Figured i’d check in with the SNES and NES online measly offering and see if some obscure back catalogue title dropped while Nintendo forgot to say it or did but we didn’t care.
And Jelly Boy is indeed one of those titles you might have gone your entire life without knowing about as it blends perfectly into the humungous pile of platformers of the 90s, and only came out in Europe, to boot.
So, it’s one of those 16 bit platformers that wanted to jump on the bandwagon, so it has a Sonic style health system, and often very tight time limits for the levels…. which i guess were made to make it feel more like Sonic when it’s otherwise a more linear “europlatformer” of british descent starring a humanoid shaped jelly in baby pink that can morph in various shapes, including a duck… when you duck, so the game has a sense of humour.
The main issue is that you have to find jigsaw pieces hidden in the level to unlock the zone’s boss, bu beating bosses only nets you item needed to finish the game, but to actually enter the next zone/world you have to find out first that there’s a hub area to access each world’s map, and you need to find a key in each zone to access the next one.
The game doesn’t tell you about any of these, most likely on purpose to sell guides and avoid people from easily beating it while renting it in the day, even more because just the first world it’s so obtuse. Once you know what the hell you’re supposed to, the game is actually decent, looks good , has a lot of levels, i’d say it’s worth a play by platformers buffs…. with a walkthrough on hand.
As Nintendo’s own Nintendo Switch Online retrogaming offering continues to baffle and disappoint everyone, i decided to pick from this pathetically tiny new serving of small, back catalogues titles most people don’t really care about… well, Spanky’s Quest, from Natsume.
Don’t be fooled by the cheeky title, because a very Kirby-esque (albeit shitty, as it doesn’t actually explain even the basic premise) cutscene will introduce the titular simian, Spanky, trapped in a tower by a witch and now in a quest has to escape while watching out for enemy fruit homunculi.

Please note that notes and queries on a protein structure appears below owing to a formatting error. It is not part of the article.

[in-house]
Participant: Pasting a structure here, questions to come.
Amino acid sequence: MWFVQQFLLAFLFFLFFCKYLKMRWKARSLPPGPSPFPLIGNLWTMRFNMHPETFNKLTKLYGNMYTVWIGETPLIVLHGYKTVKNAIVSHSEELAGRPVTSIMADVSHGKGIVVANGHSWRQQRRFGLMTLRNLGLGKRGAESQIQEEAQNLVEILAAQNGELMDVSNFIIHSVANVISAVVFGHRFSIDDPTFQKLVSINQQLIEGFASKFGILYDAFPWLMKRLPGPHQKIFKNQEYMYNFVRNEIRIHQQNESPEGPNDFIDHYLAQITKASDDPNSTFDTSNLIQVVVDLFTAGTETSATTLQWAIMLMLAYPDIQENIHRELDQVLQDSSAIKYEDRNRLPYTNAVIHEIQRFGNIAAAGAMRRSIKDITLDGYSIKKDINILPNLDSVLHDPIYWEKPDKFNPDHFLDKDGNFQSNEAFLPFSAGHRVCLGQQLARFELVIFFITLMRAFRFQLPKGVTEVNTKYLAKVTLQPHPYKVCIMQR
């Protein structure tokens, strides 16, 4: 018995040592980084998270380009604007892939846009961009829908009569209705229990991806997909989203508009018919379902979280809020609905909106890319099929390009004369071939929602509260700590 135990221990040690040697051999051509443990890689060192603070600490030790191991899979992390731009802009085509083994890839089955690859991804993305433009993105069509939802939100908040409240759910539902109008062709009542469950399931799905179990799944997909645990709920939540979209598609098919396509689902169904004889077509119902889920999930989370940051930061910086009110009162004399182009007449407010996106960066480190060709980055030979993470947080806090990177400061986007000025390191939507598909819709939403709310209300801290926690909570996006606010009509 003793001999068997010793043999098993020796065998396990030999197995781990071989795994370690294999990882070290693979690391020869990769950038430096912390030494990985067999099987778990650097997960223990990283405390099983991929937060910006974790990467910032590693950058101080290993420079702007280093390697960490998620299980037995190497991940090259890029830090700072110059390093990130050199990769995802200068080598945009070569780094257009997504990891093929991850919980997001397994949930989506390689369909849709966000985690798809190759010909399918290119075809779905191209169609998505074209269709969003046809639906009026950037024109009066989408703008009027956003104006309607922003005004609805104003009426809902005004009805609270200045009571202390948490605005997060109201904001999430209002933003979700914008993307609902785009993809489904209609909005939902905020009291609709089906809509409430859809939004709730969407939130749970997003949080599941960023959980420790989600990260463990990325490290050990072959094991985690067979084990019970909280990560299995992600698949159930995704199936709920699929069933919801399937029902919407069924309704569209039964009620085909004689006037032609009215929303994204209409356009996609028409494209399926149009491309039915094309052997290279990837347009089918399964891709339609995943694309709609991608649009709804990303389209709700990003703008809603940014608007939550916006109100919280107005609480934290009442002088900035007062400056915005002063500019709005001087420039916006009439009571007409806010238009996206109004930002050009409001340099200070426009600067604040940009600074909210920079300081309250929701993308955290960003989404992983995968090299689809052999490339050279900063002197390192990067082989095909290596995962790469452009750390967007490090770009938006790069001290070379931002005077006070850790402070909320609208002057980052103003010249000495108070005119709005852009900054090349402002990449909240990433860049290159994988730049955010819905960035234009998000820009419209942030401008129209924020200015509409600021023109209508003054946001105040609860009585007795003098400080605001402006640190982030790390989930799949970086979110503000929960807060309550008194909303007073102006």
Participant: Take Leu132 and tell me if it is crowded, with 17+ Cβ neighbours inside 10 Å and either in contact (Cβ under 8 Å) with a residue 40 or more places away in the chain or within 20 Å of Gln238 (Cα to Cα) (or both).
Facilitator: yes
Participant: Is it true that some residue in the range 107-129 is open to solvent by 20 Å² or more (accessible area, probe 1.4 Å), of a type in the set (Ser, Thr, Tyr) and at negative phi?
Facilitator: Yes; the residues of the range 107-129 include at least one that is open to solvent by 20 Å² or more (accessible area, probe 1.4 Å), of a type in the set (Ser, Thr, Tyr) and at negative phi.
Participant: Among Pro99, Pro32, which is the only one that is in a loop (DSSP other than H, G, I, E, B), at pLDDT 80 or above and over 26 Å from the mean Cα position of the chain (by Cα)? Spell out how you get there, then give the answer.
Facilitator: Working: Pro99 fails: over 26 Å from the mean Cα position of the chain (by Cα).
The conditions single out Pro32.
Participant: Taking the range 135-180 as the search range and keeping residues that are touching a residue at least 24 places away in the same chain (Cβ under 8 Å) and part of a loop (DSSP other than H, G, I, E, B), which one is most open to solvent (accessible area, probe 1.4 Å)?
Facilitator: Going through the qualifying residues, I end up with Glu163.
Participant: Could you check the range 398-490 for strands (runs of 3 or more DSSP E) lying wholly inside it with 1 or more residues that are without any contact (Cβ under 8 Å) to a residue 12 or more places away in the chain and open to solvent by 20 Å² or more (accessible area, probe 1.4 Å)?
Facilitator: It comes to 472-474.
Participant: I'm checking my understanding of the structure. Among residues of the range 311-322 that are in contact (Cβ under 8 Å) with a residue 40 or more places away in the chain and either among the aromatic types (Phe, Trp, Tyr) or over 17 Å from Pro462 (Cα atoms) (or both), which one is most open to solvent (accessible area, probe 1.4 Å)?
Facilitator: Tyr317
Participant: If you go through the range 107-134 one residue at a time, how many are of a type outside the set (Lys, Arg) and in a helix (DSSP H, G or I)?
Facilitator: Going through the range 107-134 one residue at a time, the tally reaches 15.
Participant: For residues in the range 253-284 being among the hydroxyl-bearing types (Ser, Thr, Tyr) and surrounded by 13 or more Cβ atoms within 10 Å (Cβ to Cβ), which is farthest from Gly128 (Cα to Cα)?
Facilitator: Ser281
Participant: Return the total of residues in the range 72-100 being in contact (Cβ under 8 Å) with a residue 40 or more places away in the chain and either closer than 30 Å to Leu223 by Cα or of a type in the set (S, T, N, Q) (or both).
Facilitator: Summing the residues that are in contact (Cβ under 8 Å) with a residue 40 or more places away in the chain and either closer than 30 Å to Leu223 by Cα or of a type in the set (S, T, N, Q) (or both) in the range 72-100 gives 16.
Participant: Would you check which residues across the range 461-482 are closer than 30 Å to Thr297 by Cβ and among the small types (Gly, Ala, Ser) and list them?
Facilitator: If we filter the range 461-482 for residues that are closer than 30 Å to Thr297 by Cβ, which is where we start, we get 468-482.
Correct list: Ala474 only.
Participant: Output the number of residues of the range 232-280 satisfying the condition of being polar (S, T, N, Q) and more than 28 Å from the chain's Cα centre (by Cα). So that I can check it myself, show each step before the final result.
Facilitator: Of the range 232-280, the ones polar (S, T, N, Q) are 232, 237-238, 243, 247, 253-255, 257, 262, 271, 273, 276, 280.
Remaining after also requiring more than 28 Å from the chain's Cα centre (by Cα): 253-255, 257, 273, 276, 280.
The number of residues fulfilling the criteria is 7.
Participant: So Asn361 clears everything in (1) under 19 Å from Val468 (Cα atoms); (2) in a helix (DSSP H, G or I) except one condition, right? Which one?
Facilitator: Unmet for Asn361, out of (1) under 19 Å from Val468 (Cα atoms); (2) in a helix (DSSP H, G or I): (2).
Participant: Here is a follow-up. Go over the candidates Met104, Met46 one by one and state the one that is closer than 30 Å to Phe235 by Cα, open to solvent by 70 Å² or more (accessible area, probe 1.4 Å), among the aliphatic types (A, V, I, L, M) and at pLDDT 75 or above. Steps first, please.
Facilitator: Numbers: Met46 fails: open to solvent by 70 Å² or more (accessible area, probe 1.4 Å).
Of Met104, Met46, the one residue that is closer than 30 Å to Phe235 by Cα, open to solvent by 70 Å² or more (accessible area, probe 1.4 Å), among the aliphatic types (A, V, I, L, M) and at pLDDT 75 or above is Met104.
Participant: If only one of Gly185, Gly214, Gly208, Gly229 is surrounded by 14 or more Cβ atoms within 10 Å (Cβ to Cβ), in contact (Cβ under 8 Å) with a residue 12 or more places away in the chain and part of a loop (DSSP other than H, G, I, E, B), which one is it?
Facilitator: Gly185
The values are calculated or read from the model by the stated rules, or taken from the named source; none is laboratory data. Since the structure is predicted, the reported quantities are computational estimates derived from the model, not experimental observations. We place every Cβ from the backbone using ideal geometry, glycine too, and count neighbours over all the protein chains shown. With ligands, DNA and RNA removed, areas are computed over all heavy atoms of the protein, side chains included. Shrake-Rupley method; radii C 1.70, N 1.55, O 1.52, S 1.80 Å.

It’s the kind of game that if i played back when i was a kid, i would have most likely dropped after the first few levels, not in frustration more as not being that interested. Doesn’t help that there’s no tutorial of sorts, since the way you attack isn’t obvious, nor the game tells you can bounce the bubble you launch to power it up multiple times, and then use the bubble button again to pop it for a bigger, more powerful projectile attack.
Once you figure this out, you realize this is a fairly straighforward puzzle platformer, where in each level you need all the keys (hold by the enemies) to open the door leading to the next stage, albeit made a bit more challenging by the fairly unique method of indirect attack by throwing – and juggling – bubbles like actual spherical objects, and NOT the way Bubble Bobble does it.
To my surprise, it’s actually a decent little title, and while it’s not too long (just 50 short stages, even without the save states and rewind features it’s not that hard or time consuming), it has some charm and depth to it. Just a decent, but cute little puzzle platformer from the era. Nice music, too.
Played via Nintendo Switch Online’s SNES service.
So, i guess i was one of the few people mildly interested in some of the February 2012 NSO updates. Which is somehow managing to make me miss the original Virtual Console, somehow.
But i have a thing for caveman platformers, i do, so here we are.
To be fair, i didn’t expect much, especially since it comes from Titus (and if you know something about retrogaming, their name wasn’t exactly one welcomed with cheers), i wasn’t familiar with it and just figured it was gonna be a Joe & Mac clone, but this isn’t really the case. And while it’s easy to understand its existence being relegated to niche retrogaming obscurity, as the 90’s were obsessed with cavemen and dinosaurs and this one didn’t do much to stand out in the avalanche of cavemen themed movies or videogames… you might want to give this one a chance.
It’s not an unsung SNES classic by any means, no, it’s kinda generic and unremarkable, but it’s surprisingly nifty, pretty entertaining, and the while the plot see a caveman named Sam on a quest to feed his starving village, while searching for a bone graveyard so to make his tribe rich… it’s very cartoonish and fond of the usual caveman anachronism. It’s also not short, with a good variety to the levels, often putting you in control of a vehicle like a glider; and while the level design starts off fairly straighforward, more often than not it requires you to explore the levels and collect the required items, as it is still an “euro platformer”, and a pretty challenging one too.
I just wish your character’s standard attack was less crap, and the controls were a bit less slippery, but it’s a good retro platformer.